THE Balearic minister for tourism, Joan Flaquer, told Parliament yesterday that tourists spent more last year in the Balearic Islands, an increase of 3.3 percent in comparison to 2003, according to the first figures released from the Tourist Spending Survey (Egatur) that was carried out by the Secretary of State for Tourism. He also added that last year saw the start of the recovery of tourism in the islands and that this was backed by all relevant studies and figures.
He was answering a question by Socialist spokesman and former tourism chief Celestí Alomar, who asked about recent claims by Balearic University professor Eugeni Aguiló, who alleged that there had been a drop in the amount that tourists spend, of between 3.5 and 4.5 percent in 2004. Flaquer, who expressed his “utmost respect” for Aguiló, said that the Ministry for Tourism had not commissioned a survey from him.
This work, he said, was done by the Tourism Studies Institute, which also carried out comparative studies for other regions in Spain.
Alomar claimed that the tourism sector in the Balearic Islands has turned into “a bad business”, because “for the first time in history” there are more tourists on the islands and less income. He said that it is unfortunate that the Government does not use any of the research that has been done on tourist spending habits by the Balearic University (UIB). In answer to a question from Miquel Ramon, United Left-Greens (EU-EV) spokesman, Flaquer went on to say the green card, which has just been introduced, will finance certain tourism development projects. These projects are currently being decided by the Balearic Foundation for Sustainable Development. The money made by the green cards will not be used to buy “illegal flats in order to then demolish them, nor houses that fall down in Palma”, said the Minister, making reference to some of the projects that were funded by the unpopular tourist tax. He added that the tax “had not needed to be changed or redeveloped, it only needed to be eliminated”.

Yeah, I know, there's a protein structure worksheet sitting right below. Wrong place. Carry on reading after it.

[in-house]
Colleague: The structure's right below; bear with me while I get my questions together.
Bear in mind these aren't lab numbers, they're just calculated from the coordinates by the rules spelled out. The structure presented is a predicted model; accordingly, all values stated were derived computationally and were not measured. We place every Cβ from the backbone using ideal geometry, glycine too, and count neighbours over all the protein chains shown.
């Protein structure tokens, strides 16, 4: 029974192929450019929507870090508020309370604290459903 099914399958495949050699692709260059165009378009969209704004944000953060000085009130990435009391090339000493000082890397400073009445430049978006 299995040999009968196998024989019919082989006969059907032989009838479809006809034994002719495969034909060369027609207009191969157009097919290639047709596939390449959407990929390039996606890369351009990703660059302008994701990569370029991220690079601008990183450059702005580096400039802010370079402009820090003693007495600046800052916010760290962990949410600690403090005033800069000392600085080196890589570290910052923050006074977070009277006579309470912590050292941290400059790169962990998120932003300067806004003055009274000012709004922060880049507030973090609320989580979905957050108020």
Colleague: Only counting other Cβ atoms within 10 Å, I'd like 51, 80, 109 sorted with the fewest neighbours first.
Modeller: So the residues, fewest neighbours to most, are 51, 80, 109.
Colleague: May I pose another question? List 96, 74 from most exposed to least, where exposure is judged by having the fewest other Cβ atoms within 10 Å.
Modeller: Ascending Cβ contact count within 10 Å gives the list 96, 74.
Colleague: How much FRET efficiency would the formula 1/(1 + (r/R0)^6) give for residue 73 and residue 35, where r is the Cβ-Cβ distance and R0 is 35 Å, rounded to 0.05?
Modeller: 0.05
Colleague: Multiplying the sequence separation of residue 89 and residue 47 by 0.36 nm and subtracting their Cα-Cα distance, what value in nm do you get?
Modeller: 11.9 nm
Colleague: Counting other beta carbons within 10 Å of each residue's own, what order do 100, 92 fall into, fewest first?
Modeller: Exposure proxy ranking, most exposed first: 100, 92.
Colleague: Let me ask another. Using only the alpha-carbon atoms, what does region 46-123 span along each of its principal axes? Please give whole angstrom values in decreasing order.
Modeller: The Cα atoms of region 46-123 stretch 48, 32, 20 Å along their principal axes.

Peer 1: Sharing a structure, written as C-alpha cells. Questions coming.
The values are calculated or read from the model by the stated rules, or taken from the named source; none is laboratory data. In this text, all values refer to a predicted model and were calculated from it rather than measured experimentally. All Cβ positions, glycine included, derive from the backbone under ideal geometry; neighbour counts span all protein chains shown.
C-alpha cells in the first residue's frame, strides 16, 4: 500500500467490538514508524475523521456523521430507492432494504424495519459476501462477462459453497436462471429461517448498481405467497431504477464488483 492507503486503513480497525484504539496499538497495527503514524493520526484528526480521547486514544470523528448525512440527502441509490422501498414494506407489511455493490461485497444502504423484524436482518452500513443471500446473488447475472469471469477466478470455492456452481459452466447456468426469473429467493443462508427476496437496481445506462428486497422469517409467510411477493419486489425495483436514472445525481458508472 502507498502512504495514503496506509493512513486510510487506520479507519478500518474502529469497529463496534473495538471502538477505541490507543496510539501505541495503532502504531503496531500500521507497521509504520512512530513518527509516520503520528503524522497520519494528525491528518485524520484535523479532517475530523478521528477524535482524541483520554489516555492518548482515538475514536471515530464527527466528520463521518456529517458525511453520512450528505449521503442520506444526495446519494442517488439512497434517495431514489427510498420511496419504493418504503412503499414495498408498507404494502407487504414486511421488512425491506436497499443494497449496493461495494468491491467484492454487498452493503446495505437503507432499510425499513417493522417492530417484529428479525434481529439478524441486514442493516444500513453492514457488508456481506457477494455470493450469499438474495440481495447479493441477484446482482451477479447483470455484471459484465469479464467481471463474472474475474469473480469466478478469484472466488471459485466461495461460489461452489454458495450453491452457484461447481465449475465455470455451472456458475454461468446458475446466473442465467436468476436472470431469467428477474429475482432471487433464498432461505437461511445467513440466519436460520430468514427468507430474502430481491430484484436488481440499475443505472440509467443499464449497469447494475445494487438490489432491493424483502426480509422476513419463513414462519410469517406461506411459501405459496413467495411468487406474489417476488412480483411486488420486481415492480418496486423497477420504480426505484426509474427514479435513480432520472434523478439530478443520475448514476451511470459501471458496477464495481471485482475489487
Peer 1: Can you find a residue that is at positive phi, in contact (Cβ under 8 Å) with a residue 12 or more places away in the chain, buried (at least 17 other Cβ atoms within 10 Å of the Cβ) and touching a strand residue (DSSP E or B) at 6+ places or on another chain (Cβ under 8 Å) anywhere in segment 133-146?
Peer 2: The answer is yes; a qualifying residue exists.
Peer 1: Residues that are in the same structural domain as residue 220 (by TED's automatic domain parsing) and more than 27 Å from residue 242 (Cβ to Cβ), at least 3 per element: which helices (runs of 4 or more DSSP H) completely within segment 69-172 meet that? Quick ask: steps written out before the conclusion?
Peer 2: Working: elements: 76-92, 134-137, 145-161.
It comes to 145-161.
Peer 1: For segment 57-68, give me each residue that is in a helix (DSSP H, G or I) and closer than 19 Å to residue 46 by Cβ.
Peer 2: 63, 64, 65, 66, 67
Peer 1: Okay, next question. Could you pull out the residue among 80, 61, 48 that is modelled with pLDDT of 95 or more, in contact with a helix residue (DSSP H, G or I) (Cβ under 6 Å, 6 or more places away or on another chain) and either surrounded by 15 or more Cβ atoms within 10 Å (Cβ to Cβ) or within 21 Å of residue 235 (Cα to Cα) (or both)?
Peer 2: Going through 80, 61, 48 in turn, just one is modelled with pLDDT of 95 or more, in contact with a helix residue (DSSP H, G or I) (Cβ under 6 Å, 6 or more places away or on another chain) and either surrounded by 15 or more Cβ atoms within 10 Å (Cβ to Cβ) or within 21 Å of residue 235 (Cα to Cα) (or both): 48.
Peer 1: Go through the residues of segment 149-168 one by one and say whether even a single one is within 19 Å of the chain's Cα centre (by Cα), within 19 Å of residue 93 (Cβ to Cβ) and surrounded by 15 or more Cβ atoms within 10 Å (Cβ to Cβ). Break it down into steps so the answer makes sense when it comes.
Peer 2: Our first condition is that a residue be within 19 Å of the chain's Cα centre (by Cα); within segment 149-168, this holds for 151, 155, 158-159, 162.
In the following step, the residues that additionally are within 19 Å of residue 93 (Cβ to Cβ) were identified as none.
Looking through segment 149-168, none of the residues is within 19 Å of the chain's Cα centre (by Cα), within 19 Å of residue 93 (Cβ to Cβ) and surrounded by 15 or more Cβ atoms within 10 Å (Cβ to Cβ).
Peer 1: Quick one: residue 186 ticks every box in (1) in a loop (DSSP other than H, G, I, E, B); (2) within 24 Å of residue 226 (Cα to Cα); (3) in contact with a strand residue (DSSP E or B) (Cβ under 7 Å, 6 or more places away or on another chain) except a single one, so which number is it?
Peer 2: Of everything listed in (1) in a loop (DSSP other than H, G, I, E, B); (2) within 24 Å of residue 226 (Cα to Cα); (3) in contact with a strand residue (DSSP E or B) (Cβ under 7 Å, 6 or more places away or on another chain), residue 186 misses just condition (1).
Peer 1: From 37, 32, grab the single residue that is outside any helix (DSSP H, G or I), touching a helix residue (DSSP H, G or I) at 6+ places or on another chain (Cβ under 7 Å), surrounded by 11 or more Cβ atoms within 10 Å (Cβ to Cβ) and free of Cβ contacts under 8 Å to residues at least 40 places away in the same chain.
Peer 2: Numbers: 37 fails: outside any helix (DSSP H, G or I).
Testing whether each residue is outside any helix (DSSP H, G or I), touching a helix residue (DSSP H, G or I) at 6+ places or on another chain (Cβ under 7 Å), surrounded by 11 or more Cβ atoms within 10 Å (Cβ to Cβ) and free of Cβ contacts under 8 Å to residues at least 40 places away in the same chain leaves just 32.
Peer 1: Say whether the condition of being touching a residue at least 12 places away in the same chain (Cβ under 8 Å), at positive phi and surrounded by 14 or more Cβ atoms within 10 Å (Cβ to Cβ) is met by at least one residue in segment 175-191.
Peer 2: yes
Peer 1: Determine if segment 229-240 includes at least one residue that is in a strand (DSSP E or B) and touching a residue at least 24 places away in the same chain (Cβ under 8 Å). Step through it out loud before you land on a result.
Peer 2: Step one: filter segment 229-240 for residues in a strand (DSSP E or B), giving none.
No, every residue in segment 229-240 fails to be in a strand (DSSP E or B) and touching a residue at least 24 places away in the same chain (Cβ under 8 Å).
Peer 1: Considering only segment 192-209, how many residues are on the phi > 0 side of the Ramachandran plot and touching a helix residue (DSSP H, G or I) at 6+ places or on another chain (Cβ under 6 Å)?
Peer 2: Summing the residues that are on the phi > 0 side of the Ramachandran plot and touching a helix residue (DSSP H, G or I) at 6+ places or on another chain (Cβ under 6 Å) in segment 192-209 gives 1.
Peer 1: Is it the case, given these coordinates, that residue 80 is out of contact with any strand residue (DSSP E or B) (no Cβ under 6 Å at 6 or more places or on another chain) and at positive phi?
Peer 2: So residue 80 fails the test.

The green card was described as a “decaffeinated substitute for the tourist tax” by Miquel Ramón, who said that it is a great shame that the Government has still not made public the estimated income of the green cards or the environmental projects that will be carried out by this new tourism project. “When you deduct the costs for management and the costs for marketing of the green card, there will be hardly any money left for anything”, said Ramón. He also stressed that this project, which offers discounts to holders, should be considered “a big con”.